There is no end to a story, just a point where we choose to stop, James observes. This means that there can never really be any happy endings, but by opposition that when tragedy strikes, it is never really the end.
it is never really the end.
On a personal note, the end to my ten days of Edinburgh Fringe comes with Revelations as its concluding chapter, and so this acts as a reassuring reminder. I would rather this Revelations anyway, than the four horsemen of the apocalypse.
Revelations is the third part in James’s ‘Friendship Circle’ series which began with Team Viking. All three parts were presented together at Vault Festival in London in March of this year, but the themes are expansive enough and the characters realised clearly enough that they can equally be enjoyed in isolation. If you have seen the preceding parts however, you will welcome the return of his friends to his story.
In this part, James becomes a sperm donor for his gay childhood friend and her wife. He explores the notion of faith, and its part in our lives. Even if we consider ourselves secular, he argues, we commit acts of faith every day. We go to the pub as a form of secular communion, we privately and vocally give thanks for the friends and family we have in our lives, we get into metal boxes which can travel at unnatural speeds and trust we’ll get out safely again at our intended destination. There is a bit of faith tucked up in all of these common experiences.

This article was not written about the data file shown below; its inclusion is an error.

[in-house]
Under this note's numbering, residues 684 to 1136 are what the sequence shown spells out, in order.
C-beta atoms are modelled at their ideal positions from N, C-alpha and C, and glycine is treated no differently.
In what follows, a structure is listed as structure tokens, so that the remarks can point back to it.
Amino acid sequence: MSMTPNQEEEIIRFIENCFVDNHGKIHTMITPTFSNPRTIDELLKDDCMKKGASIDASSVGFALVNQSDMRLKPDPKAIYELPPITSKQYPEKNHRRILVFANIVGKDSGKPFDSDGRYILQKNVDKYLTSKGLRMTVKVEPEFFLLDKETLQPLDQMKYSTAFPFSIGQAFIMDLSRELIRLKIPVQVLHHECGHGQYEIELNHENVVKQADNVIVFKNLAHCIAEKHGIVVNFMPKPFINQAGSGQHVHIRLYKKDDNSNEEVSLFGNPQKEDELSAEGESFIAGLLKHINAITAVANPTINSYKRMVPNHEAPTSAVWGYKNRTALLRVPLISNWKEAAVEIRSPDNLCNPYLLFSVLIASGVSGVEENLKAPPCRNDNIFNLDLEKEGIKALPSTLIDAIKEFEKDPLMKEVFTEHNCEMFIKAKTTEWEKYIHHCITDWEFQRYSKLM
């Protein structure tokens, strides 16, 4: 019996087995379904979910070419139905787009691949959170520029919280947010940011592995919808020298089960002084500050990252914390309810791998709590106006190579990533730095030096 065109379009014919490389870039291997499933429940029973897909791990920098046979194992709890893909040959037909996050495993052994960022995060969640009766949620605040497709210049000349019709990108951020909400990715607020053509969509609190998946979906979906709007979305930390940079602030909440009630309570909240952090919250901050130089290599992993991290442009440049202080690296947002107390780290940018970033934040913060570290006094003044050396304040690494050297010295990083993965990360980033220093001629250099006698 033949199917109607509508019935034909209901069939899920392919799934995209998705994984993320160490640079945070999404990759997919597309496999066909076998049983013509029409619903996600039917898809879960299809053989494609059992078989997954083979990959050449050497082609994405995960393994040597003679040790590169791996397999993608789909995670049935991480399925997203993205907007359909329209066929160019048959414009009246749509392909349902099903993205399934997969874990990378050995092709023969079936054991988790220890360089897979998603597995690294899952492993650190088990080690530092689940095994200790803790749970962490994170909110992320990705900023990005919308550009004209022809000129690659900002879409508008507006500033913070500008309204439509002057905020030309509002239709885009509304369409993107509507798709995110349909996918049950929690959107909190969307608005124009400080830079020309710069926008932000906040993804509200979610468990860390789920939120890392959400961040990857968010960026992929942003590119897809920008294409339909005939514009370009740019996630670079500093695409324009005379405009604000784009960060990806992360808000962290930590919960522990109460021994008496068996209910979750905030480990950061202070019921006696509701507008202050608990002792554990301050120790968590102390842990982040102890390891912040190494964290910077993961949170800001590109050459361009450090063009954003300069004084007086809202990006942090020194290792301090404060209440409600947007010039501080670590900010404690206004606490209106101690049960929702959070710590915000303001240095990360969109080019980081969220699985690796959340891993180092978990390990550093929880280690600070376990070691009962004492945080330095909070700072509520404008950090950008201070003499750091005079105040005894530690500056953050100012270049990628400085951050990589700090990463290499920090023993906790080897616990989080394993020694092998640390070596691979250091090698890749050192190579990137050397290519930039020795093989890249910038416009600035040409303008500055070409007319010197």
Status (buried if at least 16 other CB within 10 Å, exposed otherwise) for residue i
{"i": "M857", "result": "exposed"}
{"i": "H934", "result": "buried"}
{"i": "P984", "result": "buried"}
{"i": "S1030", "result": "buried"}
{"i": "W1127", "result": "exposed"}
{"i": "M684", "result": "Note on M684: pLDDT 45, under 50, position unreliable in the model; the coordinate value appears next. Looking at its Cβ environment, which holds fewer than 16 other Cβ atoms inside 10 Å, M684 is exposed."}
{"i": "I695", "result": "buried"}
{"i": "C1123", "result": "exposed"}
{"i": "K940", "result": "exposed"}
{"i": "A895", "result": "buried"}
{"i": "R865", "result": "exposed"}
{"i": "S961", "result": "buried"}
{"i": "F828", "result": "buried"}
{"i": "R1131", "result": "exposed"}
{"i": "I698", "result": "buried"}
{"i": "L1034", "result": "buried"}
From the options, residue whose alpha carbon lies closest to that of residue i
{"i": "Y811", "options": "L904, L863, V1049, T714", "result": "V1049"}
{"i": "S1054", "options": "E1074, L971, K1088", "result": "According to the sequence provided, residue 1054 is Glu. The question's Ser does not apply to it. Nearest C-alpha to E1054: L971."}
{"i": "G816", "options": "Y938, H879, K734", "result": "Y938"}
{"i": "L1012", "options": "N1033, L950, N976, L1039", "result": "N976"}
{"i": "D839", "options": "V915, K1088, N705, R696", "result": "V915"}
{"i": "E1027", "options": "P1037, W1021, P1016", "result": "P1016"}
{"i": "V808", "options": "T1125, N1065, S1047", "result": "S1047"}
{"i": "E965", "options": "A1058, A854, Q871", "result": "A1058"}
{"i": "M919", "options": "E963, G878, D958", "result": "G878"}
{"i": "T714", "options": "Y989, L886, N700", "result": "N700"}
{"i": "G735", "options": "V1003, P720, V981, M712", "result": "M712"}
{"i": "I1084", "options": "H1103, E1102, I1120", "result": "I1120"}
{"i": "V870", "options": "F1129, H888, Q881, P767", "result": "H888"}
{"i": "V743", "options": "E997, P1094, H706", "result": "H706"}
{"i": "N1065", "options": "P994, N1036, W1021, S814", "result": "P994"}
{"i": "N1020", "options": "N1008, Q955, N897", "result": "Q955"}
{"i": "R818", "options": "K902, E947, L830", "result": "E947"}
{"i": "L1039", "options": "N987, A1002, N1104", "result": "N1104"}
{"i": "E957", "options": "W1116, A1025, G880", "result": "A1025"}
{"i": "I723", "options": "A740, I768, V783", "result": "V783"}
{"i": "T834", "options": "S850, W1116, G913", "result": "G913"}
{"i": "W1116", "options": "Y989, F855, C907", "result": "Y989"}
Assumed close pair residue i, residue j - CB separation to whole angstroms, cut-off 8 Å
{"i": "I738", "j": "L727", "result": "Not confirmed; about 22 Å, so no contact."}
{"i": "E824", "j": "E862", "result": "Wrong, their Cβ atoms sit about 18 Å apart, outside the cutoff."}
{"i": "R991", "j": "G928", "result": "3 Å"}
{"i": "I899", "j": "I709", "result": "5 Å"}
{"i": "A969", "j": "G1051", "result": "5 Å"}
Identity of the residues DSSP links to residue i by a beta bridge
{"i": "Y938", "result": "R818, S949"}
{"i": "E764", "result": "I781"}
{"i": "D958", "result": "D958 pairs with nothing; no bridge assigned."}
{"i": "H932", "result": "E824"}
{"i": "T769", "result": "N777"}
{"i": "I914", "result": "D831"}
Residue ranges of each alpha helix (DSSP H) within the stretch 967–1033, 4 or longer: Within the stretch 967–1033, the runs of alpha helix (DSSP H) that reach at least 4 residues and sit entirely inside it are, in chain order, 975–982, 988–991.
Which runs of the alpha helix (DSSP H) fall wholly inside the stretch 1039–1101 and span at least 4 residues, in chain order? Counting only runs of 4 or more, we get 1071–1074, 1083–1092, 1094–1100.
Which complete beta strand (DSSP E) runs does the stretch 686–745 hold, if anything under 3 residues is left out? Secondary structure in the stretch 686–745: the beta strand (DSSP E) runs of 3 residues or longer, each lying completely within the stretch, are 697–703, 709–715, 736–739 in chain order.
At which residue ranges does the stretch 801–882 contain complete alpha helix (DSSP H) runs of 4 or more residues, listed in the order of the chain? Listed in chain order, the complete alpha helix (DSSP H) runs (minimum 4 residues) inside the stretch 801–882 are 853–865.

Even if we consider ourselves secular, he argues, we commit acts of faith every day.
We also witness James examine more clearly defined articles of faith, largely with where he left them as a centre piece, at a Christian holiday camp when he was in his teens. Although not a believer in God, he does not attack or dismiss faith – although he does make clear that acts of hate in the name of faith, such as homophobia, are under no circumstances, ever, ok. In a moving moment, audience members are called down to lay hands on him, as Christians he did not know once did in an act of prayer when he was young.
Word has got out now that James is an excellent storyteller, but I’ll join the ever-growing lists and say it again; he is excellent. Besides his little keyboard, mic and loop pedal his voice and a piece of chalk are his only storytelling tools. There is a wonderful and comforting familiarity about his opening line “Hello, I’m James, and I am going to tell you a story…” that makes you feel you are exactly where you need to be and listening, with rapt attention.
Word has got out now that James is an excellent storyteller.
James has grown more confident in his craft since part 1, his musical elements have become more developed (there are rounds and three-part harmonies) and he even has us joining in, but he has maintained his earnest charm. You can’t help but laugh and smile at his silliness, or even at his seriousness. It Is sometimes when we are at our most serious, he candidly observes, that we ought to laugh at ourselves the most.
Sometimes his lines of thought don’t quite gel together, but isn’t that true of real life? Who wants a story that ties up in neat little bows? If you do, this may not be the storyteller for you. One thing I can promise you though, is that this is his most exposing show yet: you have been warned!
Who wants a story that ties up in neat little bows?
And so, I will depart Edinburgh on a note of song, a song of poignancy and optimism. As the end of the festival approaches and goodbyes are in the air, I can whole heartedly recommend you do the same.
Aug 23-26, Summerhall, Anatomy Lecture Theatre, Run Time: 70 minutes.